Where have you been? Where are you going? And why?
As Shannon and I drove the Oregon Coast, I received an educational experience on lighthouses. Our driving route, north to south, contained one about every thirty miles or so. The most important thing for you to know, though, is that my wife fell in love with them, which means we stopped each chance we got. She photographed them from below at the base, from 100 yards away, from hikes we took that brought us over top of them, and of course from pullouts looking back at them. In addition to looking and shooting, each house had volunteers present to inform visitors about the history. Like I said, it was an education. Lighthouses no longer have practical use due to satellite navigational systems. Almost every ship now, from a commercial tanker to a small fishing boat, carries a GPS of some sort. So lighthouses remain merely for cosmetically enhancing the coastal views and also as a tribute to the past. Reading through documentaries and logs from lighthouse keepers entertained me immensely. A government appointment, a lighthouse keeper lived an incredibly lonely life. Not to mention the experience of witnessing and documenting the ships that smashed into the coastal rocks.
What caught me most about experiencing the lighthouses was seeing how their beauty captured my wife’s heart. Each time we parked, I’d watch her jump out of the car with such energy, such giddy excitement. It was as if each vertical tower offered her a personal invitation. They were, hands down, her favorite portion of the trip, which says a lot considering the competition. Each lighthouse was an adventure to explore and photograph in just the right light. The waves crashing on the rocky shoreline mixed with the plush green countryside beyond the beaches provided a romantic and striking background. I don’t think lighthouses would be so picturesque without the coastal backdrop. An erected fortress standing in the middle of a landlocked park would be nothing more than the leaning tower of Pisa without the lean. I’ve been to Pisa and the famous site wasn’t really worth the train ride. No, the beauty of a lighthouse that delighted Shannon’s heart so is grounded in the lush setting.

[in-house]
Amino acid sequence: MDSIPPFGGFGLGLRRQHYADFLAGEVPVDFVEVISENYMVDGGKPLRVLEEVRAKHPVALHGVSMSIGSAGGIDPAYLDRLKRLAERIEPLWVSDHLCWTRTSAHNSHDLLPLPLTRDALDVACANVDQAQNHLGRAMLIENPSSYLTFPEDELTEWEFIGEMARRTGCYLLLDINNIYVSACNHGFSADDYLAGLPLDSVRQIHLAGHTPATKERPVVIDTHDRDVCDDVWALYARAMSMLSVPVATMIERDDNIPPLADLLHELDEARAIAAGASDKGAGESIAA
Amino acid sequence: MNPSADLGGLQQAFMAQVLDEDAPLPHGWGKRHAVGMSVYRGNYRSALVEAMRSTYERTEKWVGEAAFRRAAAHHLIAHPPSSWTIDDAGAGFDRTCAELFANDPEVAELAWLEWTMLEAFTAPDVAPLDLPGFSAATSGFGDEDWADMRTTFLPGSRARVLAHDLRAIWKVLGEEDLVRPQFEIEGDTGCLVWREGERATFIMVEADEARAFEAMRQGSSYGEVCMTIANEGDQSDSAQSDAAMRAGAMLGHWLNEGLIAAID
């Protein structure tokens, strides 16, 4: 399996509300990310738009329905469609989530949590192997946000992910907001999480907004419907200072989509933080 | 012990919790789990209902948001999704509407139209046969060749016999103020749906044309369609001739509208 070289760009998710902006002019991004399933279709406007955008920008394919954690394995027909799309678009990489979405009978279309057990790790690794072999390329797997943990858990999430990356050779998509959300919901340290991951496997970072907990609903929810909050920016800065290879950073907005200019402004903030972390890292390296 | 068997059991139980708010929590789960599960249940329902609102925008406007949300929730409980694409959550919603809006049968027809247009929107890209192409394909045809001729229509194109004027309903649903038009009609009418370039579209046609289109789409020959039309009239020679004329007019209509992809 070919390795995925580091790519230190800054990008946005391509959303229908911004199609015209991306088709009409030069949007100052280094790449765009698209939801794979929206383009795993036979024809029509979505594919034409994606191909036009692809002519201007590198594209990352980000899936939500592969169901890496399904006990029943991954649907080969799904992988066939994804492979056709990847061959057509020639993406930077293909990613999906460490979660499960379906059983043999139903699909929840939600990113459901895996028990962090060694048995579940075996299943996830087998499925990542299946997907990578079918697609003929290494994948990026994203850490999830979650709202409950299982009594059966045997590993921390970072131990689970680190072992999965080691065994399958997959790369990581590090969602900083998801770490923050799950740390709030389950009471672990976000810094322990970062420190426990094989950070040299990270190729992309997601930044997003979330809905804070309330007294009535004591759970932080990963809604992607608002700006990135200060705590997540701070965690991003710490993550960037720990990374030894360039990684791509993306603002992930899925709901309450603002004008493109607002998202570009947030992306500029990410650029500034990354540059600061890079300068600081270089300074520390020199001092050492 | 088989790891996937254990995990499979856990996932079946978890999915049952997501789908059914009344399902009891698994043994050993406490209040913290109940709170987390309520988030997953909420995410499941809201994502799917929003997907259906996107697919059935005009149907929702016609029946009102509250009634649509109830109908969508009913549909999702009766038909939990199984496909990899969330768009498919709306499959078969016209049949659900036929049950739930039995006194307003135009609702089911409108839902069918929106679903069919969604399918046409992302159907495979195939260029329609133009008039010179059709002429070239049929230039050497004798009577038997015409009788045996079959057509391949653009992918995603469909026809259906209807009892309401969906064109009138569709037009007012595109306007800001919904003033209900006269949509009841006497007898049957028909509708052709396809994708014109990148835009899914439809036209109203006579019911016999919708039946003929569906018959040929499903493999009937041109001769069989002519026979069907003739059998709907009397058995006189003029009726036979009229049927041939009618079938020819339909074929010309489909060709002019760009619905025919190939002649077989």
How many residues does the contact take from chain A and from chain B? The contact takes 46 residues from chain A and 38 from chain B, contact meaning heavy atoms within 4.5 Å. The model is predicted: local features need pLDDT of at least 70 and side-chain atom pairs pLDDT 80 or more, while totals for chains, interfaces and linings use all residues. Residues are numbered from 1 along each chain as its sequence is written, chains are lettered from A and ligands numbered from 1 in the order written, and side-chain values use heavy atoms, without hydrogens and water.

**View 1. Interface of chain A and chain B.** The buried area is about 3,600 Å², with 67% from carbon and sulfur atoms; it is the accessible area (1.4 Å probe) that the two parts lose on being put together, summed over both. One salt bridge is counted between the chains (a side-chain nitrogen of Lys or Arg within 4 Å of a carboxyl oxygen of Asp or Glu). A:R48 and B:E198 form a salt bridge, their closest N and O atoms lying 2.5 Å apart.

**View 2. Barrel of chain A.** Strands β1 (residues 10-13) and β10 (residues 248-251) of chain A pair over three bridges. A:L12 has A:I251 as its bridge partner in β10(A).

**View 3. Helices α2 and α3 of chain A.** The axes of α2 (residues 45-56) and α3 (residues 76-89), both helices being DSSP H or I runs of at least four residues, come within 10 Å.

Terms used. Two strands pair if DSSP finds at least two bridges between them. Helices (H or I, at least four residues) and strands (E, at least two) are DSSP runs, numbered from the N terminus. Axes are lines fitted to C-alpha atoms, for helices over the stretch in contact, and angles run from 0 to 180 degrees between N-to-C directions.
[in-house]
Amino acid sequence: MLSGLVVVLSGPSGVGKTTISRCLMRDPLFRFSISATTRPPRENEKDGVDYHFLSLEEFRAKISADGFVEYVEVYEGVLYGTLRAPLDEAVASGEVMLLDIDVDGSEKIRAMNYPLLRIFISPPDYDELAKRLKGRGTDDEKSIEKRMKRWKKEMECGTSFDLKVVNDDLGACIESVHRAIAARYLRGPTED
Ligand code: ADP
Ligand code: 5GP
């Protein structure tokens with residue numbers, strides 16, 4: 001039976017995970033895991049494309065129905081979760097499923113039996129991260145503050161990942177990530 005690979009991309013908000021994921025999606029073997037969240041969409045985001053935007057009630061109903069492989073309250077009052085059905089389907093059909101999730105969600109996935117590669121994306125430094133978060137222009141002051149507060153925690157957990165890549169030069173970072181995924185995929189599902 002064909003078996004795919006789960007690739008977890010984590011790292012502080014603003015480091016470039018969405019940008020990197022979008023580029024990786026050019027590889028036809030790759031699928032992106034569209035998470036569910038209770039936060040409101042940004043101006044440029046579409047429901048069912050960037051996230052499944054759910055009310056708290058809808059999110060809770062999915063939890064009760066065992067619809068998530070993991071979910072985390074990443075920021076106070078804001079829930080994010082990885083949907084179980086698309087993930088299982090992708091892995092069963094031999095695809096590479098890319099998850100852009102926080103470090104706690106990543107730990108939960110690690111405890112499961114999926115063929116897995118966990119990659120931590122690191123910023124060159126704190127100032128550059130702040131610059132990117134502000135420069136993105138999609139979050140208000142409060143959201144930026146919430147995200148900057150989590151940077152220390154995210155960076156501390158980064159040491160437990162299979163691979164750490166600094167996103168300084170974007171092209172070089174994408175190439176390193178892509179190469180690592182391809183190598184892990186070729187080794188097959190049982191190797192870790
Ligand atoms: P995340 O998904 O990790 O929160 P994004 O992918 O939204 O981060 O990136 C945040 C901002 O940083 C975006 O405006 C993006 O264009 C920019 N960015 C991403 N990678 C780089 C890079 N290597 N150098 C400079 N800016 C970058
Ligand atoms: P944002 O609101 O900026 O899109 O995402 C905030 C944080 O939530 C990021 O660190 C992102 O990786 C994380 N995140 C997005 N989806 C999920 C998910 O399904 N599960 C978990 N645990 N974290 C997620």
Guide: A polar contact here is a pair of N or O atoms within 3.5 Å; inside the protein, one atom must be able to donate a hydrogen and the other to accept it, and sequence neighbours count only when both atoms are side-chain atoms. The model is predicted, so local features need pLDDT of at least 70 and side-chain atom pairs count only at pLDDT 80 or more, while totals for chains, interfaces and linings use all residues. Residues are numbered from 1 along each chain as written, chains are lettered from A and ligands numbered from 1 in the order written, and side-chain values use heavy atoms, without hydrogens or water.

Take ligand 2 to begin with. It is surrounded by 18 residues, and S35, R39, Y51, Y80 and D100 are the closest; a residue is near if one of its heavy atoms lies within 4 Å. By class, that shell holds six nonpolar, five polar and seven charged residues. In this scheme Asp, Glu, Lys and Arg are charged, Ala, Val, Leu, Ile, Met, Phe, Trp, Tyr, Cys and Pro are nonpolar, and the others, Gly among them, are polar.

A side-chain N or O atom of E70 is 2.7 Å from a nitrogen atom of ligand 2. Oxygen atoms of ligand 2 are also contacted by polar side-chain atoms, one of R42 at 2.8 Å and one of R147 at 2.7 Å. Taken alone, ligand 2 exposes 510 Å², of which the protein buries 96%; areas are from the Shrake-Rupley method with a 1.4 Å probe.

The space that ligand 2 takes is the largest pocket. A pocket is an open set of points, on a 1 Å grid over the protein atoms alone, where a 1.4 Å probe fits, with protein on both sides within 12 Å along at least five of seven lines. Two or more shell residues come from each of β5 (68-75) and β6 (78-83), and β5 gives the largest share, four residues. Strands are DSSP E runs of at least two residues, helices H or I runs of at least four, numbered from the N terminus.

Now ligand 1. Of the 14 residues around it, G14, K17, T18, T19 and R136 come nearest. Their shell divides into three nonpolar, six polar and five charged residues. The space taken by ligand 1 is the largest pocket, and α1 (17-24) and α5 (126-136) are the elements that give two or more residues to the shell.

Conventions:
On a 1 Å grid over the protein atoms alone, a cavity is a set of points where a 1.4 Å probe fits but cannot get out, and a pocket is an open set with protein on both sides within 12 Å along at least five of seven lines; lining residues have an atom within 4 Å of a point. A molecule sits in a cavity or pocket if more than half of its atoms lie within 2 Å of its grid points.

The romance and delight invoked by the lighthouse invited my wife to worship the Lord. She felt wooed by the beauty as God twirled her across His dance floor. Walking into the gift shops and seeing so many sunset photographs of lighthouses told me that she is not the first to respond like this. Observing this blessed me, but it also seemed paradoxical. The question that came to me was this: Will lighthouses be in heaven? Lighthouses entice us and evoke romance, yet stand for another purpose entirely. The initial intent was not to create something majestic, but to save traveling ships from being dashed against jagged cliffs and shorelines. Check out Nickel Creek’s The Lighthouse’s Tale for a vivid telling. Such a need can only be found in a tragic world where death is feared and faith is sustaining. In heaven, there’ll be no faith because the existence of doubt will be absent. Nor will there be danger. Considering this, it was rather incredible to see my wife giggle and marvel at lighthouses. It caused me to marvel at God, who either caused or allowed a need for a marine warning device and at the same time uses it to bless and court my wife into His embrace. I don’t understand that controversial creativity. I’d rather have things simply be good or bad. It’s so much easier to categorize things as “of God” or “of Evil”. Yet, lighthouses now stand as a reminder to me that the Lord interweaves tragedy and redemption, using them both in His mysterious ways.